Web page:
Iowa Uncontested Divorce
This information is an overview of the uncontested Iowa divorce filing process and a summary of the divorce papers that are typically filed with the family law or domestic relations clerk. This overview is not intended to be an exact step-by-step guide for those "do it yourself divorce" filers, due to the fact that many cases are unique and the overview presented here is often not the only method of obtaining an uncontested divorce in Iowa.
To file for a divorce in Iowa, the defendant spouse must be a resident of the state and have been personally served the divorce papers. There is no residency requirement for the filing spouse. If this is not the case, there is a residency period of one year required. Moreover, there is a 90-day waiting period for the divorce to become final. The action may be filed in the county where either spouse resides.
The only grounds for divorce are No-Fault, which means a "[b]reakdown of the marriage relationship to the extent that the legitimate objects of matrimony have been destroyed and there remains no reasonable likelihood that the marriage can be preserved."
Actions are filed in the District Court of the county.
The filing spouse is called the Petitioner; the responding spouse is called the Respondent.
Legal separations are permitted under the same terms and conditions of divorce.
Iowa does not offer a summary or simplified divorce procedure.
To file for a divorce that does not involve minor children, the Plaintiff must file the following forms:
> A Petition for Dissolution of Marriage with No Minor Children, form FL-101, which identifies the parties, birth dates, addresses, and states that a) there are no children under 18 born or adopted in the marriage, no children over 18 still in need of support and c) that the wife is not pregnant and states that the marriage "is broken and cannot be saved’ and requests relief;
If the Respondent cannot or will not accept service, resides outside the state, the Petitioner must also file the following forms:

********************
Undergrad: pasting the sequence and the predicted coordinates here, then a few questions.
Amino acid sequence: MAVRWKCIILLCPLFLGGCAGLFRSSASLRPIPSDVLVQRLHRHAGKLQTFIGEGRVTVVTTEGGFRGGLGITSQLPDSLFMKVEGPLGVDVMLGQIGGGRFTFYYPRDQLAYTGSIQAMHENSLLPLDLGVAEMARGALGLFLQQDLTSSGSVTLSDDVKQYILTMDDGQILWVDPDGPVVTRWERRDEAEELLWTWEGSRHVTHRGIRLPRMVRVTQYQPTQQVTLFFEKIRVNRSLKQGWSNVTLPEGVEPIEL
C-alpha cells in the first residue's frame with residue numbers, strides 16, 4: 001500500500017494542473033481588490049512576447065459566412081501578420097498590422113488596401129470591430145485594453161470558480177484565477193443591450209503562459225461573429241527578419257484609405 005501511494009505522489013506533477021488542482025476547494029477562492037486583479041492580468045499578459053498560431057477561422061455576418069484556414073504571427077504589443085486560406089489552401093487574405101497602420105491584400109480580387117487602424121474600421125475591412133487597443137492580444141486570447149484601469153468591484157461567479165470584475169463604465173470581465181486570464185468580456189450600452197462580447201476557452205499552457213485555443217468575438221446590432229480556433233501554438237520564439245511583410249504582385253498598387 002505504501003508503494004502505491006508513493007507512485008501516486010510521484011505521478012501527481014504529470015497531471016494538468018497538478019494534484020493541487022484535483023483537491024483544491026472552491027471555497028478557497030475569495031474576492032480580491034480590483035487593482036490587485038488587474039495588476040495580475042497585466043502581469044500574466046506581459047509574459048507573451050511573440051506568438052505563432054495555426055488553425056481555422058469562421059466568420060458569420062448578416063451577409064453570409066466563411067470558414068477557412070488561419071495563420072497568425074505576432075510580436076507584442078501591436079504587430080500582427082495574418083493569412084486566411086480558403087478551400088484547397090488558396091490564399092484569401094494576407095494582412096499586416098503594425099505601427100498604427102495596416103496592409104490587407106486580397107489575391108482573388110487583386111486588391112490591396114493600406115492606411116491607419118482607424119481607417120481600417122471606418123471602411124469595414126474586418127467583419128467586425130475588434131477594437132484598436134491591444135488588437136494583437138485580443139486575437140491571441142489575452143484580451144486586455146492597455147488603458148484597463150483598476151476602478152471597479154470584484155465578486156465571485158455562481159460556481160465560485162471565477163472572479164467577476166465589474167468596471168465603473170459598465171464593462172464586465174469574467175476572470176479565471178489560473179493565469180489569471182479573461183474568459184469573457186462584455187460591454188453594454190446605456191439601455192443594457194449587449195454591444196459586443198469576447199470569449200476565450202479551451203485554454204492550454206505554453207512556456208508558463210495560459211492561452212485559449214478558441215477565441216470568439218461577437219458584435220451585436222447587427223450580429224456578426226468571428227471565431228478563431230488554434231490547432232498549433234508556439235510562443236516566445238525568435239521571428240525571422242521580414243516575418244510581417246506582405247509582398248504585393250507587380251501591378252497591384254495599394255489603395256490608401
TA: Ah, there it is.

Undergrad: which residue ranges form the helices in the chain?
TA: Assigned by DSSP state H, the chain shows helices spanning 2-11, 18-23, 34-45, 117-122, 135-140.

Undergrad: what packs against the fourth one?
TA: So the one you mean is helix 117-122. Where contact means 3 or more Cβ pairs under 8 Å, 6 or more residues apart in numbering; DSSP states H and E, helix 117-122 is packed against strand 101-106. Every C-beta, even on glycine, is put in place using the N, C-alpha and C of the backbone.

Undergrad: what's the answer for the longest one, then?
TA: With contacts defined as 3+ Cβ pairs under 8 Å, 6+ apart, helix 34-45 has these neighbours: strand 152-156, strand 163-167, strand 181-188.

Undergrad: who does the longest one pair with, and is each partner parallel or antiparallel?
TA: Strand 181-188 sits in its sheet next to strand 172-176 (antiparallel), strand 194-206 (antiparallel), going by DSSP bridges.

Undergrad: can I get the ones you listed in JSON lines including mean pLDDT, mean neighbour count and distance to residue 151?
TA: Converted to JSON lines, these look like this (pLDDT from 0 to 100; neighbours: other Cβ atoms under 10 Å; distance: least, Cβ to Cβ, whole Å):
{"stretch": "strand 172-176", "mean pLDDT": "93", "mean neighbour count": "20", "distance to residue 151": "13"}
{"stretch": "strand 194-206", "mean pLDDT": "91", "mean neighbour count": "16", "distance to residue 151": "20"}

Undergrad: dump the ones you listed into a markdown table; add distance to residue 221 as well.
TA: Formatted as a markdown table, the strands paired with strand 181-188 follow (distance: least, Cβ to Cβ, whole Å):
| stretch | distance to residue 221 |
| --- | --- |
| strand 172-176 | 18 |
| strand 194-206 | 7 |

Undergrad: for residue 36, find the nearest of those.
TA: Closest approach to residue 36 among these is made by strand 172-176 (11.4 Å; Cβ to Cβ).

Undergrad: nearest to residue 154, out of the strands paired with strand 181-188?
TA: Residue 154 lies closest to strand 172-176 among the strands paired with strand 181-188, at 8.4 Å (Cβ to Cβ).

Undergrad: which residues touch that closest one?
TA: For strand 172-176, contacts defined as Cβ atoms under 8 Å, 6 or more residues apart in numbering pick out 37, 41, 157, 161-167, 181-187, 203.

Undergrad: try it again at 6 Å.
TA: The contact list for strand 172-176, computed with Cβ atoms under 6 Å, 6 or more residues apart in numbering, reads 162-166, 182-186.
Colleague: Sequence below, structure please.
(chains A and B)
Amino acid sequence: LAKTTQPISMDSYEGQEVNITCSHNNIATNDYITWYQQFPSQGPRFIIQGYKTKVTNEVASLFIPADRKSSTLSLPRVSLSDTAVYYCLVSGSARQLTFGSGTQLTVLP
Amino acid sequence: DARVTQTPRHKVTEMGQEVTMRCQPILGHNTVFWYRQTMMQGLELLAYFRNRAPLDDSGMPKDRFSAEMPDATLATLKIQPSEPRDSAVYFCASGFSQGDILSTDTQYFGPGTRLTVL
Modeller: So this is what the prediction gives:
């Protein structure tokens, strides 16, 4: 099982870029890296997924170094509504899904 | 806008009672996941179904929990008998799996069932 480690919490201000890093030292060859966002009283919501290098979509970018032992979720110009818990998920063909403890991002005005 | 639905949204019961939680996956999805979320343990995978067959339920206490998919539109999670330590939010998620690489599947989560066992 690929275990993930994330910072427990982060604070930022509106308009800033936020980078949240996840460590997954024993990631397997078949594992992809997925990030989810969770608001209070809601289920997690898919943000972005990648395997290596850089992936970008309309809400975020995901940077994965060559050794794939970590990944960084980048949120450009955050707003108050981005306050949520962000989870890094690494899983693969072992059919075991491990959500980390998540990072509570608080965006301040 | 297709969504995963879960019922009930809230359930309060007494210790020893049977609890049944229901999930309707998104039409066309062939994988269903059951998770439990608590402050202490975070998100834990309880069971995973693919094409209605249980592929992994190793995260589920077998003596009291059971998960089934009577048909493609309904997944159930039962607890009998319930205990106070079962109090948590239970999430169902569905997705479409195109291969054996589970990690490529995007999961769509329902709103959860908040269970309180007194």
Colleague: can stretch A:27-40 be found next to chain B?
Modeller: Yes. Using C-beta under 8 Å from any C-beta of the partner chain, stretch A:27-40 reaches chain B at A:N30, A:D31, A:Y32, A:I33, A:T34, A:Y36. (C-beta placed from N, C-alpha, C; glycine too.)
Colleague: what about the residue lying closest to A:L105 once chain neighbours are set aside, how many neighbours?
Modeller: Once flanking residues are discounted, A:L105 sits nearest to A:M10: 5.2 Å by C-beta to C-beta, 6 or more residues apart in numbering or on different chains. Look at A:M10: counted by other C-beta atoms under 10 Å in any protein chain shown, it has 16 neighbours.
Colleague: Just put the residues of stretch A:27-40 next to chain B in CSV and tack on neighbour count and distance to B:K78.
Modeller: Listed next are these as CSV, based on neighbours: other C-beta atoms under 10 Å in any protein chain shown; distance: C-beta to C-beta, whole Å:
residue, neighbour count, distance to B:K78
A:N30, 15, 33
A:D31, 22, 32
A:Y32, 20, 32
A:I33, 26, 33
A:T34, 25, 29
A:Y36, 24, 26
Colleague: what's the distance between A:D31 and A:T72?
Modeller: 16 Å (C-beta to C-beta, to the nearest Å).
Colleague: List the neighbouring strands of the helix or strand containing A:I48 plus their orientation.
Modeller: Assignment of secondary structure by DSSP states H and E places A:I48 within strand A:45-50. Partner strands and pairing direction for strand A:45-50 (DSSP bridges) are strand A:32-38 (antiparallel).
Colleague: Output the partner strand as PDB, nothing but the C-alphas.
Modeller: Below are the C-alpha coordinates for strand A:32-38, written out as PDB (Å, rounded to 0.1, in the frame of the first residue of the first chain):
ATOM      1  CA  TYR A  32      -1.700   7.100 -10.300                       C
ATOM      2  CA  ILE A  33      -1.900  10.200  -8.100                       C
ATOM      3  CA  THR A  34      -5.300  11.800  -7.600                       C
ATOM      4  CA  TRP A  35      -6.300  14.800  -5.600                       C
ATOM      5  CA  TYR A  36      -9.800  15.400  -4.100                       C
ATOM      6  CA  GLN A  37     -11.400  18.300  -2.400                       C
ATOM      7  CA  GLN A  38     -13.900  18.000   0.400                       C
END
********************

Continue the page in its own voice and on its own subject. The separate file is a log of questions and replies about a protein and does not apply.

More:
> A Motion and Affidavit to Serve by Publication, form FL-107, which attests to the efforts made by the Petitioner to locate the missing spouse, and
If the Respondent fails to answer within 20 days of the last date of publication, the Petitioner may petition the court for a default decree 90 days later.
If the Petitioner cannot afford the costs of the filing, he or she may also file an Application and Affidavit to Defer Payment of Costs, form FL-109, which exempts him or her from filing fees.
After the Petitioner has filed the appropriate above forms, either he or she or the Respondent may file any of these forms depending upon the circumstances of the couple:
> A Motion, FL-122, which asks the court to take some action on the case, including a) changing any hearing date, b) awarding temporary support, c) ordering counseling (conciliation), d) setting a hearing date for a Divorce Decree by default, e) abbreviating the 90-day waiting period or f) making any other request;
If the Respondent fails to complete a Financial Affidavit, FL-124, the Petitioner will be awarded a default decree and all that he or she asks for in the Petition.
> Affidavit of Mailing Notice, FL-125, which the Petitioner must file if the Respondent was served Notice by Publication and now asks the court for a Decree by default;
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